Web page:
two researchers on a boat in Lake Winnipeg, one is lowering a net into the water.
Photo by Whitney Light


For Manitoba, an abundance of clean, reliable freshwater is the centrepiece to the province’s economic and social infrastructure. From clean drinking water and agricultural irrigation to hydroelectric power and recreational activities, the very identity of Manitoba is built upon its freshwater supply.

The upper Manitoba Great Lakes (Lake Manitoba, Winnipegosis and Waterhen) include the 27th (Winnipegosis) and 32nd (Manitoba) largest lakes in the world.  They are important drinking water sources for the people who live near their shores, and important recreational and fisheries resources for the region and the Province as a whole.  Moreover, they help to protect Lake Winnipeg by filtering nutrients and contaminants in runoff from its western watershed. In particular, the operation of the Portage Diversion during flood events has effectively shifted significant fractions of the Assiniboine River nutrient and contaminant load from the south basin of Lake Winnipeg to the south basin of Lake Manitoba, with undocumented impacts on the latter.


Project team

  • Dr. Tim Papakyriakou
    Project Lead

    Dr. Greg McCullough
    Science Advisor 

    Claire Herbert
    Program Manager

    Hedy Kling
    Algal Specialist
    Algal Taxonomy and Ecology Inc.

  • Researchers

    Katelyn Rodgers
    Graduate student

    Agoston Fischer
    Graduate student

    Devin Hammett

Impacts and outcomes

Access to clean water is a basic human right. Our research helps the University fulfill its commitment to the United Nations Sustainable Development Goal 6 - Access to Clean Water and Sanitation.

Benefits to Canada

Currently, the physical, chemical, biological and geological processes in the lakes are not well understood. Therefore, we have a poor ability to predict responses to change in factors such as climate, fishing pressure, and nutrient or contaminant loading from the watershed, or to understand impacts carried downstream to Lake Winnipeg, into Hudson Bay and the arctic. For example, climate change impacts include direct lake warming, which intensifies in-lake chemical and biological processes, and increasingly intense precipitation events. It is likely that this has led to increased runoff and more frequent flooding, and hence, increasing nutrient and contaminant transport from the watershed to the lakes, but we have no data to support this speculation. In Lake Manitoba, commercial catch of the most valuable species, pickerel, has declined by more than half since the 1980s. This may be due to pike in-migration through the Portage Diversion, or to high fishing pressure; we have too little information to know the cause. Most recently, in the summer of 2021, zebra mussel larvae were discovered in Lake Manitoba; again, without better information, the impact of this invasive species is a matter of conjecture. Overall, lake management and governance are being decided without adequate scientific support.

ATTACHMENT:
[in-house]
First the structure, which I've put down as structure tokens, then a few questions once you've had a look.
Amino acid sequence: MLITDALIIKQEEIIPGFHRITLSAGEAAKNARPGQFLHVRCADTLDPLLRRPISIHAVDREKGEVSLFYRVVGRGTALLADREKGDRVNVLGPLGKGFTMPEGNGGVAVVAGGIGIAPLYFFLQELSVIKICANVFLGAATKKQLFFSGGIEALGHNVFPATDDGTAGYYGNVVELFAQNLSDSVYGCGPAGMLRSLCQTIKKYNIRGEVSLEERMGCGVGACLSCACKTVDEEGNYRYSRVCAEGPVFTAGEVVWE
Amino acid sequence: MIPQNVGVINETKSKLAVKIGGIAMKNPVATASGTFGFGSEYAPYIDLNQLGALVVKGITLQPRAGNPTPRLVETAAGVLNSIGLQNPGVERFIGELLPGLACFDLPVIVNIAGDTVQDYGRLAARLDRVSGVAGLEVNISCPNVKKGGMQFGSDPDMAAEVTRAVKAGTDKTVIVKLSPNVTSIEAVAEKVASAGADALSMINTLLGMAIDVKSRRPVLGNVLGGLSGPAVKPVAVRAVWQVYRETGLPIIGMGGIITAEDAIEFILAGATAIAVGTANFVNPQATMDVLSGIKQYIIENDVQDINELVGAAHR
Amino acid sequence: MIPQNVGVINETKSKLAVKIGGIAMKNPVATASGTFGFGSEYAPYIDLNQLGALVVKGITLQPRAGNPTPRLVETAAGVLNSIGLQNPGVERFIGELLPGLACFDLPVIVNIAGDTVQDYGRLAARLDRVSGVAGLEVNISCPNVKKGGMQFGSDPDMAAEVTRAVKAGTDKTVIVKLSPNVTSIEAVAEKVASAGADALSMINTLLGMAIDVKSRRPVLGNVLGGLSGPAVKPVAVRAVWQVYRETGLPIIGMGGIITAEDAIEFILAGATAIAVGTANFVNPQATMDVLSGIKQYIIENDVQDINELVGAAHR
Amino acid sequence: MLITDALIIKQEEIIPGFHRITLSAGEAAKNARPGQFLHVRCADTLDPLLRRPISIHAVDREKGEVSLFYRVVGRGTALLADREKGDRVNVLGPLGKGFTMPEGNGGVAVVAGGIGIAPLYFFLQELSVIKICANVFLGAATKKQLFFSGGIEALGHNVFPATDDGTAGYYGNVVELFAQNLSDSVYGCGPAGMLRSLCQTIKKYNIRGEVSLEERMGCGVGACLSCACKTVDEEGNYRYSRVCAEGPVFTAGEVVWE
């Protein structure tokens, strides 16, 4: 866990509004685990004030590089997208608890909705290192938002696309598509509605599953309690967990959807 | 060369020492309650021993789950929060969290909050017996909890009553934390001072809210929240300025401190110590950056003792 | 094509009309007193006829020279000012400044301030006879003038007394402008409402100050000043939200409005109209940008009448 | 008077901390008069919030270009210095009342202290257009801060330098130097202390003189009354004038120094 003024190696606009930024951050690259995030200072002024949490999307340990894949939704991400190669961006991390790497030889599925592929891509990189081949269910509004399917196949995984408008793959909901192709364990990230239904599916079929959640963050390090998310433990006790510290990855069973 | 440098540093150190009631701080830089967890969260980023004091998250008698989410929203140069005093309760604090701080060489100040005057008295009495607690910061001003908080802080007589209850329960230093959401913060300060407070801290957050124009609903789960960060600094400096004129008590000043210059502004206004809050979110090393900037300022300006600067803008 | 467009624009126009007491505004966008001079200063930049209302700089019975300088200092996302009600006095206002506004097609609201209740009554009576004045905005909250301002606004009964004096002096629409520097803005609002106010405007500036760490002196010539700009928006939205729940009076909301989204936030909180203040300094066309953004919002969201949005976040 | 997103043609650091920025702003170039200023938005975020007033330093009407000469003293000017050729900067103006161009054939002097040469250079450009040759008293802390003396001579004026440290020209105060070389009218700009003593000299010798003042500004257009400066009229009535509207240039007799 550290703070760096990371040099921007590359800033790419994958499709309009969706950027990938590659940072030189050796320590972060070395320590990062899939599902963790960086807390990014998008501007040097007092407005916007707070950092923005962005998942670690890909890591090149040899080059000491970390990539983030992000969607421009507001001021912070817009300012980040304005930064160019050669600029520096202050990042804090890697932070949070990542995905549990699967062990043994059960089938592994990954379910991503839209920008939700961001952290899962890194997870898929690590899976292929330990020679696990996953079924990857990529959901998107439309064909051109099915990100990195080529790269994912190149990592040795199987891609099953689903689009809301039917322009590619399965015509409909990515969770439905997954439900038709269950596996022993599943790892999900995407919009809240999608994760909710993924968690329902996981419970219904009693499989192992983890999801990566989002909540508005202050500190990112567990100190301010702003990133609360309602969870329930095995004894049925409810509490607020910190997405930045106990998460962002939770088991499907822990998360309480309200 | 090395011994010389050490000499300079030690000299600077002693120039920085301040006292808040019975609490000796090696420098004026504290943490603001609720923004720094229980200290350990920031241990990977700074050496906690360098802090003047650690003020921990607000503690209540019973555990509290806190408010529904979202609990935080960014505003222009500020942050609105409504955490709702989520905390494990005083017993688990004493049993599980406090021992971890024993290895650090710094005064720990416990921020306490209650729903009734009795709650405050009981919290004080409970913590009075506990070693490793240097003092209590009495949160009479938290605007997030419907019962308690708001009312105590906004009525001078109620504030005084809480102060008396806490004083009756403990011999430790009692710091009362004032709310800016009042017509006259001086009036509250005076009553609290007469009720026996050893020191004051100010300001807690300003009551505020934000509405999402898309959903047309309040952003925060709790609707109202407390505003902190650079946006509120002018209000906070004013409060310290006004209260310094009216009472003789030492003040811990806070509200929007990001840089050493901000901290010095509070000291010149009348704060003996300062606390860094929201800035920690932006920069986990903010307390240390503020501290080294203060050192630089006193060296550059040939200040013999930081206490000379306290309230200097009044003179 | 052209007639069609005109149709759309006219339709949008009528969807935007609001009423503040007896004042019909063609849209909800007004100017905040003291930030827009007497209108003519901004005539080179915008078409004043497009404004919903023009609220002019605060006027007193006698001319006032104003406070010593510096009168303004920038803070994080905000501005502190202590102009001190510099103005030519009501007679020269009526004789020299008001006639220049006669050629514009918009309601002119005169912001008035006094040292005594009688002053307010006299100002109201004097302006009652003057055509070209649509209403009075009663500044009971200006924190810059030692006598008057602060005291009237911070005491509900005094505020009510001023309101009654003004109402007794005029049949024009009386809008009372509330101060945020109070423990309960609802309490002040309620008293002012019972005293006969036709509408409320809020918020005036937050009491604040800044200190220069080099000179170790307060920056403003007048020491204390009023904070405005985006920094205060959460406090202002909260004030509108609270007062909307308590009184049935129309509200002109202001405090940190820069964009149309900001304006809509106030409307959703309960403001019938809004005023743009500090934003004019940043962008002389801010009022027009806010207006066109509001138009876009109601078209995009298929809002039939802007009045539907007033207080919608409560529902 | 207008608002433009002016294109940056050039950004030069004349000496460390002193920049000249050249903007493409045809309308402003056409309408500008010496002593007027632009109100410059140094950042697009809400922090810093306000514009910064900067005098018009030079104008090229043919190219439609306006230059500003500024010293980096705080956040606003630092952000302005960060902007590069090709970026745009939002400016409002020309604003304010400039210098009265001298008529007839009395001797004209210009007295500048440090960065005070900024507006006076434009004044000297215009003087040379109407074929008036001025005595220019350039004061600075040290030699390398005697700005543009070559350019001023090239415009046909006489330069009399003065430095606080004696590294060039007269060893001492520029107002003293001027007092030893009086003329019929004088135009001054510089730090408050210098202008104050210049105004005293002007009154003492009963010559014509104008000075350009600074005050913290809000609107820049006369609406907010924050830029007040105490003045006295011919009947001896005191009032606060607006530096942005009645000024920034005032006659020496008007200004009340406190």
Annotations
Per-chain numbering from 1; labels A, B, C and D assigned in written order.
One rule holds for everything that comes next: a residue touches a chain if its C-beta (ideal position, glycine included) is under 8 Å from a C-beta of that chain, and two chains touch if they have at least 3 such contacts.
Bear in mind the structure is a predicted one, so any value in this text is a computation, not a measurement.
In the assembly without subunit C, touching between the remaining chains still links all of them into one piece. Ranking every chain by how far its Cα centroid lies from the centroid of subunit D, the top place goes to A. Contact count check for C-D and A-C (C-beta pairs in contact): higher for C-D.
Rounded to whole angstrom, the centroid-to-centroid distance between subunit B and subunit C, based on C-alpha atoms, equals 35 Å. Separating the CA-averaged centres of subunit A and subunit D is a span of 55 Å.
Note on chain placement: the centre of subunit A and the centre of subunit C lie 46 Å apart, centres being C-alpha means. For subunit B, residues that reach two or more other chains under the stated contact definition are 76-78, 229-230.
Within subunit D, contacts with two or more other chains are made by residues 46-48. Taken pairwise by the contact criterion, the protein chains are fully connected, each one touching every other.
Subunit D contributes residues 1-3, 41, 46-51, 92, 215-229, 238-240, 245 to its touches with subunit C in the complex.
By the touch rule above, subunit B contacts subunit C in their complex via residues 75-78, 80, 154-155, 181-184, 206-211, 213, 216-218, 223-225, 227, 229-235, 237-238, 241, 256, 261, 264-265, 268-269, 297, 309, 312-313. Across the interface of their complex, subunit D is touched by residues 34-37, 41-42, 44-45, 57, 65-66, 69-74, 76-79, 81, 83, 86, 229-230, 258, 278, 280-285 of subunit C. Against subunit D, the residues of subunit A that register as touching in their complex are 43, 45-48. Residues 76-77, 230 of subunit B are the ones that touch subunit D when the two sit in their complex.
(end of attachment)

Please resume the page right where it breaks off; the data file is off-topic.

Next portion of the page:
Through our multi-disciplinary research the MBGL program will provide biological and physical data to support science-based decision making in the Hudson Bay Watershed, at local, regional and hemispherical scales.


Key publications

View a selection of reports and publications related to our work

Lake Winnipeg Special Edition
In 2021, the Journal of Great Lakes Research published a collection of peer reviewed paywalled publications about Lake Winnipeg. MBGL researchers contributed multiple articles to this issue.

View Lake Winnipeg 2021 Special Issue

Related publications

  • Lake Winnipeg Basin Indicator Series
    Environment and Climate Change Canada, Agriculture and Resource Development. 2018. Lake Winnipeg Basin Indicator Series Gatineau, QC. Environment and Climate Change Canada.

  • State of Lake Winnipeg, 2nd Edition, Technical Report
    Environment and Climate Change Canada, Agriculture and Resource Development, Water . 2020. “State of Lake Winnipeg, 2nd Edition, Technical Report.” Gatineau, QC. Environment and Climate Change Canada.

Funding and partners

This work has been made possible in part with a contract from Health Canada.

  • environment and climate change canada logo.
  • lake winnipeg foundation logo.
  • algal taxonomy and ecology logo.
  • Manitoba Métis Federation logo.

Contact us

Centre for Earth Observation Science
535 Wallace Building
125 Dysart Rd.
University of Manitoba (Fort Garry campus)
Winnipeg, MB R3T 2N2 Canada